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Copyright Issues: No, you can’t just take pictures from Google and put them in your publications


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by Bob Kay

Copyright issues tend to be an ongoing problem for many high school publications, particularly when it comes to using photographs, audio or video from other sources. Copyright attaches to someone’s work once they have created it and put it in some type of fixed format like a photo, book, audio, or video production. Basically what this means is that the person or entity that created the work owns it, and when you use their work without their permission you have infringed on their copyright or ownership. This could potentially result in having to pay money damages if you infringe on their ownership, but this more likely with highly commercial situations.

Copyright is a federal law created to protect the creations of individuals or entities so that the owners can reap the financial fruits of their labor. The U.S. government wanted to encourage people to invent and create works, and to be financially protected from others who would be basically stealing the financial profit from their works.

So what are the implications for high school publications? The practical answer is that you should try to get permissions from the owner of the copyright before you try to use their work. Of course there are exceptions to this rule. You can possibly get around the permission factor if you argue that you are using the person’s work under the “fair use” exception to the law.

Using a limited amount of a copyright protected work for news, educational or informational purposes without consent may be permissible as a “fair use.” In situations involving highly commercialized works, the courts will look at the financial impact that your use of the copyrighted material will have on the value of the original work. If people are using your version of the work as a substitute for the original work and they are not buying the original work, then you have copyright infringement issue and may have to pay damages to the owner.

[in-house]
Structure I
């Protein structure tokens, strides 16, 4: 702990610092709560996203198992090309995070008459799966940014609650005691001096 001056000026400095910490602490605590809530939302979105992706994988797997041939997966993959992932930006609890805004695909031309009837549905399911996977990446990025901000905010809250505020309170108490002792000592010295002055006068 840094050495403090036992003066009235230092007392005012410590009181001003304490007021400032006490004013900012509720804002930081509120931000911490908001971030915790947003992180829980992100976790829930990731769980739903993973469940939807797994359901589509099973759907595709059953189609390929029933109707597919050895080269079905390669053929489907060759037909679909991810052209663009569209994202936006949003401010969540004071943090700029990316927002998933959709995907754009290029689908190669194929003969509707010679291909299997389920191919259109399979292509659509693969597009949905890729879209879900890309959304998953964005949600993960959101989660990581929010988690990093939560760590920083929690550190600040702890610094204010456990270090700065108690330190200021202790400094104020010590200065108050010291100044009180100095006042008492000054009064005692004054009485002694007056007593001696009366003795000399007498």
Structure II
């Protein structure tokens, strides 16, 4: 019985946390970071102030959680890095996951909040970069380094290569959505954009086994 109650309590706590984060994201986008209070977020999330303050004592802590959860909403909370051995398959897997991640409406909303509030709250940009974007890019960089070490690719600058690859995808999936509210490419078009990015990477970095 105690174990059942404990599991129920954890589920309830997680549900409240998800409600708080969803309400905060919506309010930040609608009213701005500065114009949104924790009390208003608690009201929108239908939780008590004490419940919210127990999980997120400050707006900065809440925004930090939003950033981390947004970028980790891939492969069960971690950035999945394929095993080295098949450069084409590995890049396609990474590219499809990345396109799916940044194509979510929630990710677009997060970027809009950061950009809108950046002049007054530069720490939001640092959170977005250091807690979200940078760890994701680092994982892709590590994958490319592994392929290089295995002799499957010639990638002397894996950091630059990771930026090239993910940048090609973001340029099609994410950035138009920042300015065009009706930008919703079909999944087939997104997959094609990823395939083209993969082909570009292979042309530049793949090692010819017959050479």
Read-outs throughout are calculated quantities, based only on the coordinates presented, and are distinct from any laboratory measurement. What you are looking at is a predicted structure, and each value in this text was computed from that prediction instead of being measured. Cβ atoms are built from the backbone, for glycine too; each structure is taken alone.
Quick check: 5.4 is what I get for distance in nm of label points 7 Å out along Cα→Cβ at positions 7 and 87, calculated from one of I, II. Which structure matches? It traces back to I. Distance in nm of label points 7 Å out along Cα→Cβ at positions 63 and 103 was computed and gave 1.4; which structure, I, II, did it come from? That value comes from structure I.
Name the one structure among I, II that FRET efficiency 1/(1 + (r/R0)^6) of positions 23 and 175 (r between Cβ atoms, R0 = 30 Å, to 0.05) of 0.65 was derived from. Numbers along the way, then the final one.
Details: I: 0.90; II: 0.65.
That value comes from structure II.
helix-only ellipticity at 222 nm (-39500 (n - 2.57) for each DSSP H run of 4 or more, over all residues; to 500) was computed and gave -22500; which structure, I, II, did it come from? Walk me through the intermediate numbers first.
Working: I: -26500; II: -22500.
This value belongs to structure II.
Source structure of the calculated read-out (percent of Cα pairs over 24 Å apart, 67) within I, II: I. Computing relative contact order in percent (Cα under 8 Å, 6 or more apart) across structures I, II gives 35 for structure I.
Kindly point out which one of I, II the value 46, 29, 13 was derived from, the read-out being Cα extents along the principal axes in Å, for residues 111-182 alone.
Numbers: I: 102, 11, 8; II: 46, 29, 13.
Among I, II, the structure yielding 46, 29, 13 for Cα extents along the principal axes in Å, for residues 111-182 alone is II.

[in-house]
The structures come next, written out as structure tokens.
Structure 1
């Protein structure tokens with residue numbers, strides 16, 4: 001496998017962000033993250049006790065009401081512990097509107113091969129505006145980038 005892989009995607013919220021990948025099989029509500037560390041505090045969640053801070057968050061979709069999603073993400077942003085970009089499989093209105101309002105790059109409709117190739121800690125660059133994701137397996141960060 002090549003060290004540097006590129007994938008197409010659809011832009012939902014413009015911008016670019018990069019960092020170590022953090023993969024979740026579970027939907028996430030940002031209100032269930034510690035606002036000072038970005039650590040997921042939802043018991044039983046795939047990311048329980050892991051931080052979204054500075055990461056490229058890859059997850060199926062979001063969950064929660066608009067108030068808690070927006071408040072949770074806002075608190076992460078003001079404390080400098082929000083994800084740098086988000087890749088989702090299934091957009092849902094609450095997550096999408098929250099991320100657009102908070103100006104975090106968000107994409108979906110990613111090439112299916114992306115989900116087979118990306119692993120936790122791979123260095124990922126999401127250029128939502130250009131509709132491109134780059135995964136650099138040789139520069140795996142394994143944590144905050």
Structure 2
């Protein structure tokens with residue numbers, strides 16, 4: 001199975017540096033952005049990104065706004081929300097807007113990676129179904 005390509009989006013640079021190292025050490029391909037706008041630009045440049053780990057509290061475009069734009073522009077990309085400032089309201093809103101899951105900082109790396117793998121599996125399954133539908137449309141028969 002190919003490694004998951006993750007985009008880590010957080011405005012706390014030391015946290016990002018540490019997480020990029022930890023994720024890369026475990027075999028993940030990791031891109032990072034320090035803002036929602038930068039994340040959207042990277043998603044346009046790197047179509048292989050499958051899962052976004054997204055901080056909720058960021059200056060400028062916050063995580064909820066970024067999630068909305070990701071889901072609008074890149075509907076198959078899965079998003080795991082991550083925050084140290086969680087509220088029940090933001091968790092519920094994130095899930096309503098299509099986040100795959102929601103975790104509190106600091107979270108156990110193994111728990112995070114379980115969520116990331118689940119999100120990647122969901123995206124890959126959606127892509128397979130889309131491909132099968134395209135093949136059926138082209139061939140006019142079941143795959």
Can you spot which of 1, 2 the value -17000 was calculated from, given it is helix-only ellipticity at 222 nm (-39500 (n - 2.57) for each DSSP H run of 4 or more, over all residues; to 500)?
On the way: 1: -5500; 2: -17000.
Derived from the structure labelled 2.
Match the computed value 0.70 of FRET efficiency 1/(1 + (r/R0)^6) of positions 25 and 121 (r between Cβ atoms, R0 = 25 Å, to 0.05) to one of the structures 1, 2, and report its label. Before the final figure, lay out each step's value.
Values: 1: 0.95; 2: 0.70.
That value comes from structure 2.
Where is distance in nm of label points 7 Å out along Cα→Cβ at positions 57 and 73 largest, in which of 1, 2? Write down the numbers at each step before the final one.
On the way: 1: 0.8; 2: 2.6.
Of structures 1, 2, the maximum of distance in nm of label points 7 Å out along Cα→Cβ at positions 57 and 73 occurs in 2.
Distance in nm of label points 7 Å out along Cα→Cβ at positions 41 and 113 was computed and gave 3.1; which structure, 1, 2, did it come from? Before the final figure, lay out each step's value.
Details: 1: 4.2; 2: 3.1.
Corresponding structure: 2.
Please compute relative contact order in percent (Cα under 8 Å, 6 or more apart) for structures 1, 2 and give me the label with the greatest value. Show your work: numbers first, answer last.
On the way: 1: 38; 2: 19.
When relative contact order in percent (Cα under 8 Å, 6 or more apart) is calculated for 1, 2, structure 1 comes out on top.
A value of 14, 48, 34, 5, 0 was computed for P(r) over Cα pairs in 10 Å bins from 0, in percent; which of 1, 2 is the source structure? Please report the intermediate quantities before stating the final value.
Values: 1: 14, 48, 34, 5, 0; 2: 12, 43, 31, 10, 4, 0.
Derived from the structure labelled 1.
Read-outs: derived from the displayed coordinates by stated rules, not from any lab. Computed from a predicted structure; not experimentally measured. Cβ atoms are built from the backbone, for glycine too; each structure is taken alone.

The most common area where high school publications run into this problem is when they try to use photos from other photographers or pictures from movies in their publications. My advice to my editors when I was advising for our high school newspaper was to always try and get permission to use photos from the actual film production company that created the movie when writing a movie review, but it is not required. Writing a review is a clear form of “fair use” and permission to attach the photo to the story is not required. You need to make sure that you use a high resolution photo, give a photo credit to the actual film production company that created the film (e.g., Disney, Pixar), and only use photos from that film production company and not just use a photo from other websites. Using a photo that someone took of a poster of that movie, for example, would not qualify as “fair use.” Use of the photo in other formats not related to a review would be copyright infringement unless actual permission is secured.

Using the fair use exception can be a gray area at times, but if you have questions concerning a situation you have, you can check out the Student Press Law Center website (www.splc.org). They have publications and articles on their website addressing these issues and many more concerning high school and college publications.

Bob Kay is the former newspaper adviser at Grayslake Central High School in Illinois.  An attorney, he is now a member of the KEMPA board.  His blog focuses on First Amendment issues for scholastic publications.

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